Unfortunately, implementing the changes you identified in Step 4 is often not straightforward. The objective of going back to the mix is to be able to alter individual elements. Thus, a 4dB dip at 300Hz you made on the Project page might, after muting various instruments to isolate the source of the low-mid flab, actually translate to a 6dB dip at 180Hz on the bass plus a 4dB cut at 320Hz on the acoustic guitar. It is this part of the process — implementing changes on individual channels to obtain the desired overall effect — that requires the most ear training, technical understanding and intuition. It also yields the most profound of integrated mastering’s benefits. Nail this skill and not only will your album sound better, but your powers of sonic discrimination will be greatly strengthened.
Some adjustments will be easy. You might increase the level of a mix by adding compression on the drums or the mix bus... or you might just need to raise the master fader a few dB. Some changes require only instantiating the same plug-in you used on the Project page and loading the preset you saved. A typical project has a mix of easy and not-so-easy changes.
Once you finish your adjustments, save a new version, identified by date and time, to which you can always fall back, if need be.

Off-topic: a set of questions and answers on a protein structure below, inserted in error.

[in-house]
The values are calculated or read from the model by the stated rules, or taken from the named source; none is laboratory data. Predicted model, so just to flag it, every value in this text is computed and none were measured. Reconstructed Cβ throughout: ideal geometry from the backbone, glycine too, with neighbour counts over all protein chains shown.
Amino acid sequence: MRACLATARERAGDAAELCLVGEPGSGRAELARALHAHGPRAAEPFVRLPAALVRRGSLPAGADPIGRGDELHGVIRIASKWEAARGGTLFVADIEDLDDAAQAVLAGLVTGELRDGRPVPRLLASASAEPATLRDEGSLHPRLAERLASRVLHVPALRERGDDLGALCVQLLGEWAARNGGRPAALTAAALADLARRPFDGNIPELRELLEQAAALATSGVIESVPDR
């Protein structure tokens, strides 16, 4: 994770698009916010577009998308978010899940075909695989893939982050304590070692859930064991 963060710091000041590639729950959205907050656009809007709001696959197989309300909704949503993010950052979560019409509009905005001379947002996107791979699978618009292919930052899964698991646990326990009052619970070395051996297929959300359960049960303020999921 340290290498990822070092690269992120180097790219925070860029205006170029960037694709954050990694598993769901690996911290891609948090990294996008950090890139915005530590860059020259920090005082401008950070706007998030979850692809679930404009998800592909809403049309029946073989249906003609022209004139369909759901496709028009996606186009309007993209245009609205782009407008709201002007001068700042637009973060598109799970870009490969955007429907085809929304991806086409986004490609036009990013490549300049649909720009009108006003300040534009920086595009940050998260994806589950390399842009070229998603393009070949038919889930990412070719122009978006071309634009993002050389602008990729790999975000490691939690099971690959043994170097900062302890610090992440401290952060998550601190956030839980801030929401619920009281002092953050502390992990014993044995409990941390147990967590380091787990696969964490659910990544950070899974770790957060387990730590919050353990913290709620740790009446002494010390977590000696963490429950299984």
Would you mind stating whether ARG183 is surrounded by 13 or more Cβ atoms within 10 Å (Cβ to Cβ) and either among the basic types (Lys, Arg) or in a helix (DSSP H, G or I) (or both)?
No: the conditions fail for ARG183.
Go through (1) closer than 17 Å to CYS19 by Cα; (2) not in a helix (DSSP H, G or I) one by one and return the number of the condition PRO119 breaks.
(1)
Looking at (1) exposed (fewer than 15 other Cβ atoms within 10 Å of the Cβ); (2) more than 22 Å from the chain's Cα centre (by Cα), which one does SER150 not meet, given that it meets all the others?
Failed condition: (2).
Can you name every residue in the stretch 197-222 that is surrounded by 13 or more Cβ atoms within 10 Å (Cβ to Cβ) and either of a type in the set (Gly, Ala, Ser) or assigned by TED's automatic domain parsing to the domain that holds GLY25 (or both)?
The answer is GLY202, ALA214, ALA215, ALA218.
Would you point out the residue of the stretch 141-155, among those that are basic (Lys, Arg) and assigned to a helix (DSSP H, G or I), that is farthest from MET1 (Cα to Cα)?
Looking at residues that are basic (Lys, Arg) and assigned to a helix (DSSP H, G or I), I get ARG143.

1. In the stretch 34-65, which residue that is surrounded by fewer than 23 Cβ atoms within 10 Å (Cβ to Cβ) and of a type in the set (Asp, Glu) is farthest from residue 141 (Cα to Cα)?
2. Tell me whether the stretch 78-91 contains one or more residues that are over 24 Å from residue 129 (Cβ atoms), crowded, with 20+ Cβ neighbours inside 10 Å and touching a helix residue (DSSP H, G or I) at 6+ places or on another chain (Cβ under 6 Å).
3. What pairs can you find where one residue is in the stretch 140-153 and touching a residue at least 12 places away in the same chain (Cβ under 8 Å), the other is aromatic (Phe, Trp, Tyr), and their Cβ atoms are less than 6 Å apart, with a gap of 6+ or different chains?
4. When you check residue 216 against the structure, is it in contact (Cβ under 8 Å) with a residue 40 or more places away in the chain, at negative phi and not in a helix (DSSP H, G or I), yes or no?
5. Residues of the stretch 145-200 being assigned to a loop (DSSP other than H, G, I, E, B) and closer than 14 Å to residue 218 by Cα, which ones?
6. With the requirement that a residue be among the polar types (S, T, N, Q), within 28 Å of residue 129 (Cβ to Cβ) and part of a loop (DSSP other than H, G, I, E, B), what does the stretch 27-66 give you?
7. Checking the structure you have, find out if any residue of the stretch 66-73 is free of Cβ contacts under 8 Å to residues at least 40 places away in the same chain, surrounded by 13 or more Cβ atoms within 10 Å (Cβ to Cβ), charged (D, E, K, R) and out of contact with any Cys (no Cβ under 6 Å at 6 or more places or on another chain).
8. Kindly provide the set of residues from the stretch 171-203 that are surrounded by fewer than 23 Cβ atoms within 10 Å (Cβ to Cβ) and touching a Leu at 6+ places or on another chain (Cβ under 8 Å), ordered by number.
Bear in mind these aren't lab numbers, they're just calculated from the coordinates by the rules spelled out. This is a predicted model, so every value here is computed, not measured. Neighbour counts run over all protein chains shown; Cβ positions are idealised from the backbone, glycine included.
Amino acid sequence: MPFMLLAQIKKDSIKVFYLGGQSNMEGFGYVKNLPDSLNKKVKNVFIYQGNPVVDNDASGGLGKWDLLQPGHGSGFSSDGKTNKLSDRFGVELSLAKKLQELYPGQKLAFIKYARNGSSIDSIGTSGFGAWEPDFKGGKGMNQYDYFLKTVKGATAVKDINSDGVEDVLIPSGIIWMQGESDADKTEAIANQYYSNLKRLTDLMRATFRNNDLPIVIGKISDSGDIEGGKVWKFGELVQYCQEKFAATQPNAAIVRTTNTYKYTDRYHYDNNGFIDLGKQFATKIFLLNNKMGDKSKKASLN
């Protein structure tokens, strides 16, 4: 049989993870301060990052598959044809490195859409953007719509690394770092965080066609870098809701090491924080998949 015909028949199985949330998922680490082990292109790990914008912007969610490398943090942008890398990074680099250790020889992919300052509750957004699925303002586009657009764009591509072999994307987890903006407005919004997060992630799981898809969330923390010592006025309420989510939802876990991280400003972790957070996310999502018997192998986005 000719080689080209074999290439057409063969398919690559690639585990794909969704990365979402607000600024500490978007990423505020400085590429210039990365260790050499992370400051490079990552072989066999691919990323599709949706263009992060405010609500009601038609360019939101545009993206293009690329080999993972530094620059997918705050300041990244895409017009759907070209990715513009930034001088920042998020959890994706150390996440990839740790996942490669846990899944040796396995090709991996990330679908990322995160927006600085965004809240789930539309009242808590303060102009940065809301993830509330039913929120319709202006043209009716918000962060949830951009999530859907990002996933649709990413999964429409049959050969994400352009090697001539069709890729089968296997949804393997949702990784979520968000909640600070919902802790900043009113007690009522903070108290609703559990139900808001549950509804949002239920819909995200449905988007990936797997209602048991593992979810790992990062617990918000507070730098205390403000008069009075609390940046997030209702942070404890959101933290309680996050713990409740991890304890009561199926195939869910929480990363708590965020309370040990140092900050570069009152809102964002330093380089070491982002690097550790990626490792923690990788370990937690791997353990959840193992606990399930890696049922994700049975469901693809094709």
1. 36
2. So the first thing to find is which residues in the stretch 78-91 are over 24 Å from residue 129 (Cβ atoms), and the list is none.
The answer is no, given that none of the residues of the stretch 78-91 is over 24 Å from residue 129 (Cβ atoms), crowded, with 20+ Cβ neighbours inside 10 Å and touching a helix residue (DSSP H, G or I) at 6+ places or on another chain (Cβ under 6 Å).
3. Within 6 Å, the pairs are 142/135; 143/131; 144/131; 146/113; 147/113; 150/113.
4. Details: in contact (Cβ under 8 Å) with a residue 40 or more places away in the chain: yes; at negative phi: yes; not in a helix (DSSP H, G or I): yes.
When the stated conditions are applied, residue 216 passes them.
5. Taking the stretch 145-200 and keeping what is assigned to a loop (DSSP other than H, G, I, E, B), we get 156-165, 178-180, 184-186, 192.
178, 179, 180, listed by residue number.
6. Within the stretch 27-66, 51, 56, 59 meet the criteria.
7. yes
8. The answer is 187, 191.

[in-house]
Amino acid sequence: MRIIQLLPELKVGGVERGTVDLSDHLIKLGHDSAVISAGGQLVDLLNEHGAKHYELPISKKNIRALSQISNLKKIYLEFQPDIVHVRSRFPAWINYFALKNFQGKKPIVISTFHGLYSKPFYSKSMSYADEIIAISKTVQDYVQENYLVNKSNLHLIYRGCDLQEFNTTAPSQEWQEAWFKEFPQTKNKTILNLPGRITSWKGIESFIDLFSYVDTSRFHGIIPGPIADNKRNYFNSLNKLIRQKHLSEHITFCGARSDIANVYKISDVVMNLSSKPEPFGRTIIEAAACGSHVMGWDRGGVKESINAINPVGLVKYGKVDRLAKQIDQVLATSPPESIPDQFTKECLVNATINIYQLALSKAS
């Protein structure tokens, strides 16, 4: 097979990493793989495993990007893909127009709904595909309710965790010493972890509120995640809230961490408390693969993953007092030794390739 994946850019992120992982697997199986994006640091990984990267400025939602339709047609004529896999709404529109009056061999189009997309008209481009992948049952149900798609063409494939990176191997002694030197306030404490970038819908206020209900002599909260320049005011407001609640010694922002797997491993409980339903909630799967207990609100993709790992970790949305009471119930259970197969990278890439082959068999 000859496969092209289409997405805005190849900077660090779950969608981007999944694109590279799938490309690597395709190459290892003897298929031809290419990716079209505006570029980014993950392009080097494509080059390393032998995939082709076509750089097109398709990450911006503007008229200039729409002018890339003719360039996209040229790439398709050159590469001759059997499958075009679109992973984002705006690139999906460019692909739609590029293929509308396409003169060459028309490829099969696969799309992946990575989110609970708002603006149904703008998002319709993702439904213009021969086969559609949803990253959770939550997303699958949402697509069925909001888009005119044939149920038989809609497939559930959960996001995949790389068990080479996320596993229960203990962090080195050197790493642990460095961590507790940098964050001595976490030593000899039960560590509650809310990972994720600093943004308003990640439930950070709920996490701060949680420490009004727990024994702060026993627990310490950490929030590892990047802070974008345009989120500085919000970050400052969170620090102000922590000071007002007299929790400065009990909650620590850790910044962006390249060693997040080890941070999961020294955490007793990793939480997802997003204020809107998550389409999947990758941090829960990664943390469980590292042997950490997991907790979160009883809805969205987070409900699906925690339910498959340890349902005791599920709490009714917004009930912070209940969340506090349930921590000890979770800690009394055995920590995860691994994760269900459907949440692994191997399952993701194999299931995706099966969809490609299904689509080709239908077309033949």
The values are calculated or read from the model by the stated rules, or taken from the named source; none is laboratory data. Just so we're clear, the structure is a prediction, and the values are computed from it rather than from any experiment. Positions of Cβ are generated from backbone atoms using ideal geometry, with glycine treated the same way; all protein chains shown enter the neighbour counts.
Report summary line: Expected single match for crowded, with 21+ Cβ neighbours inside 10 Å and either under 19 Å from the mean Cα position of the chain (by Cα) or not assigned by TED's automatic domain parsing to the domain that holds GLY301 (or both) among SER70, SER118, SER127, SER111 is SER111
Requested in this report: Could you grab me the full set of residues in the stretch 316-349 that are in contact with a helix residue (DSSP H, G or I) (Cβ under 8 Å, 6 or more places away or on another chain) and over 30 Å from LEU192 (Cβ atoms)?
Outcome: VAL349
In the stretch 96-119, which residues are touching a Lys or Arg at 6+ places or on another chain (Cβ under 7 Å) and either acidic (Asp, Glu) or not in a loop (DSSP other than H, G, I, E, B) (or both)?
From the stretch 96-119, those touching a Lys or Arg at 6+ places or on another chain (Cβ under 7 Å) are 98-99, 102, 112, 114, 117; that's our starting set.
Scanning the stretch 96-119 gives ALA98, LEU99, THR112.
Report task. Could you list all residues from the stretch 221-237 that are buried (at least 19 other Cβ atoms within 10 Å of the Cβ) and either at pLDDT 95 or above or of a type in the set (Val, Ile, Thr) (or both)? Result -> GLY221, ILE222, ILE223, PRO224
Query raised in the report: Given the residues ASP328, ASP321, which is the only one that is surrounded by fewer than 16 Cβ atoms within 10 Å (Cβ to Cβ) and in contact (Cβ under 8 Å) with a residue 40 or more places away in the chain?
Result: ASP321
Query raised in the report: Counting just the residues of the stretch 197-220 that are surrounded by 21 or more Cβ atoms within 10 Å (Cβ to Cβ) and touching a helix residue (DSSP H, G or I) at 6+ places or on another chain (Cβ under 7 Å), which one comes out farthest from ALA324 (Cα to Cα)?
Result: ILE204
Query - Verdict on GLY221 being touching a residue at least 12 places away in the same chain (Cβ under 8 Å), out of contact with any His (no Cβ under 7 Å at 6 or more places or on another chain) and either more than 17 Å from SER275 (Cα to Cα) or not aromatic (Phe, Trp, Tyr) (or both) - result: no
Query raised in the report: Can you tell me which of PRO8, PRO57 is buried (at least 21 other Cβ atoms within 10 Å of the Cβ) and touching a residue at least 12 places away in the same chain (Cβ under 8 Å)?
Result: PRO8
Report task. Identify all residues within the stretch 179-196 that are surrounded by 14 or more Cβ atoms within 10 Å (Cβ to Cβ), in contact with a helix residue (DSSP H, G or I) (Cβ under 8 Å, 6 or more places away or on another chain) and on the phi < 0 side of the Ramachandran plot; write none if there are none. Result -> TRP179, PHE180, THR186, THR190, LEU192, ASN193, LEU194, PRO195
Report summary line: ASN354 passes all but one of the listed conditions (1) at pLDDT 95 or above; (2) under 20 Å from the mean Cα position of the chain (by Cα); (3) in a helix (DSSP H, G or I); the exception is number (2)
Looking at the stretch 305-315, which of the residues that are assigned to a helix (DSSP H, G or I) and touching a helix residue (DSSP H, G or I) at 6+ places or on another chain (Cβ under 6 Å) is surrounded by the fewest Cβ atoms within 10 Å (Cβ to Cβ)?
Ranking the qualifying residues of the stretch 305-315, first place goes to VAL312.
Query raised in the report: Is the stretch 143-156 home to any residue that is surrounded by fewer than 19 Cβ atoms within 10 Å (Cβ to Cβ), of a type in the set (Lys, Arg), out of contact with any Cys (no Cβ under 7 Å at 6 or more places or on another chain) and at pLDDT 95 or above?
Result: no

- Step 6: Go back to Project page and let mixes update
Once you’ve made changes to a Song, return to the Project page. A dialogue will ask if you want to update the mix for the song you were just working on. Click OK and a new mix is generated, replacing the old mix in the Project page. Be sure to bypass or disable all plug-ins on the channel and return the fader to 0dB. Fail to do this and you will double-process the mix, so don’t forget. If you did any track automation, be sure to remove that, too.
- Step 7: Reiterate steps 4-6, refining further on each pass
By the third or fourth iteration, your process should be close to finished and things should be stabilising. I rarely need to touch a track fader by the time I do a fourth iteration. After an iteration or two, it’s comfortable to make changes on several (or even all) songs before returning to the Project page and updating.
I usually add a little master bus processing around the second or third iteration. Project-based master-bus processing is best added late in the process, because you are trying to get the mixes as close as possible in the Song page environment. However, it is perfectly reasonable to want, at the very least, a brickwall limiter on the master bus to avoid clipping, and that is often all I do end up with.
Occasionally, I have added other processing (tonal, dynamic, spatial) earlier in the process, then gone back and successfully replicated those sounds in the individual mixes, leaving only the brickwall limiter on the master bus in the end.
Performed carefully and sensitively, integrated mastering can, at the very least, improve consistency across the mixes on an album, and, in the best case, eliminate the need for a separate mastering phase.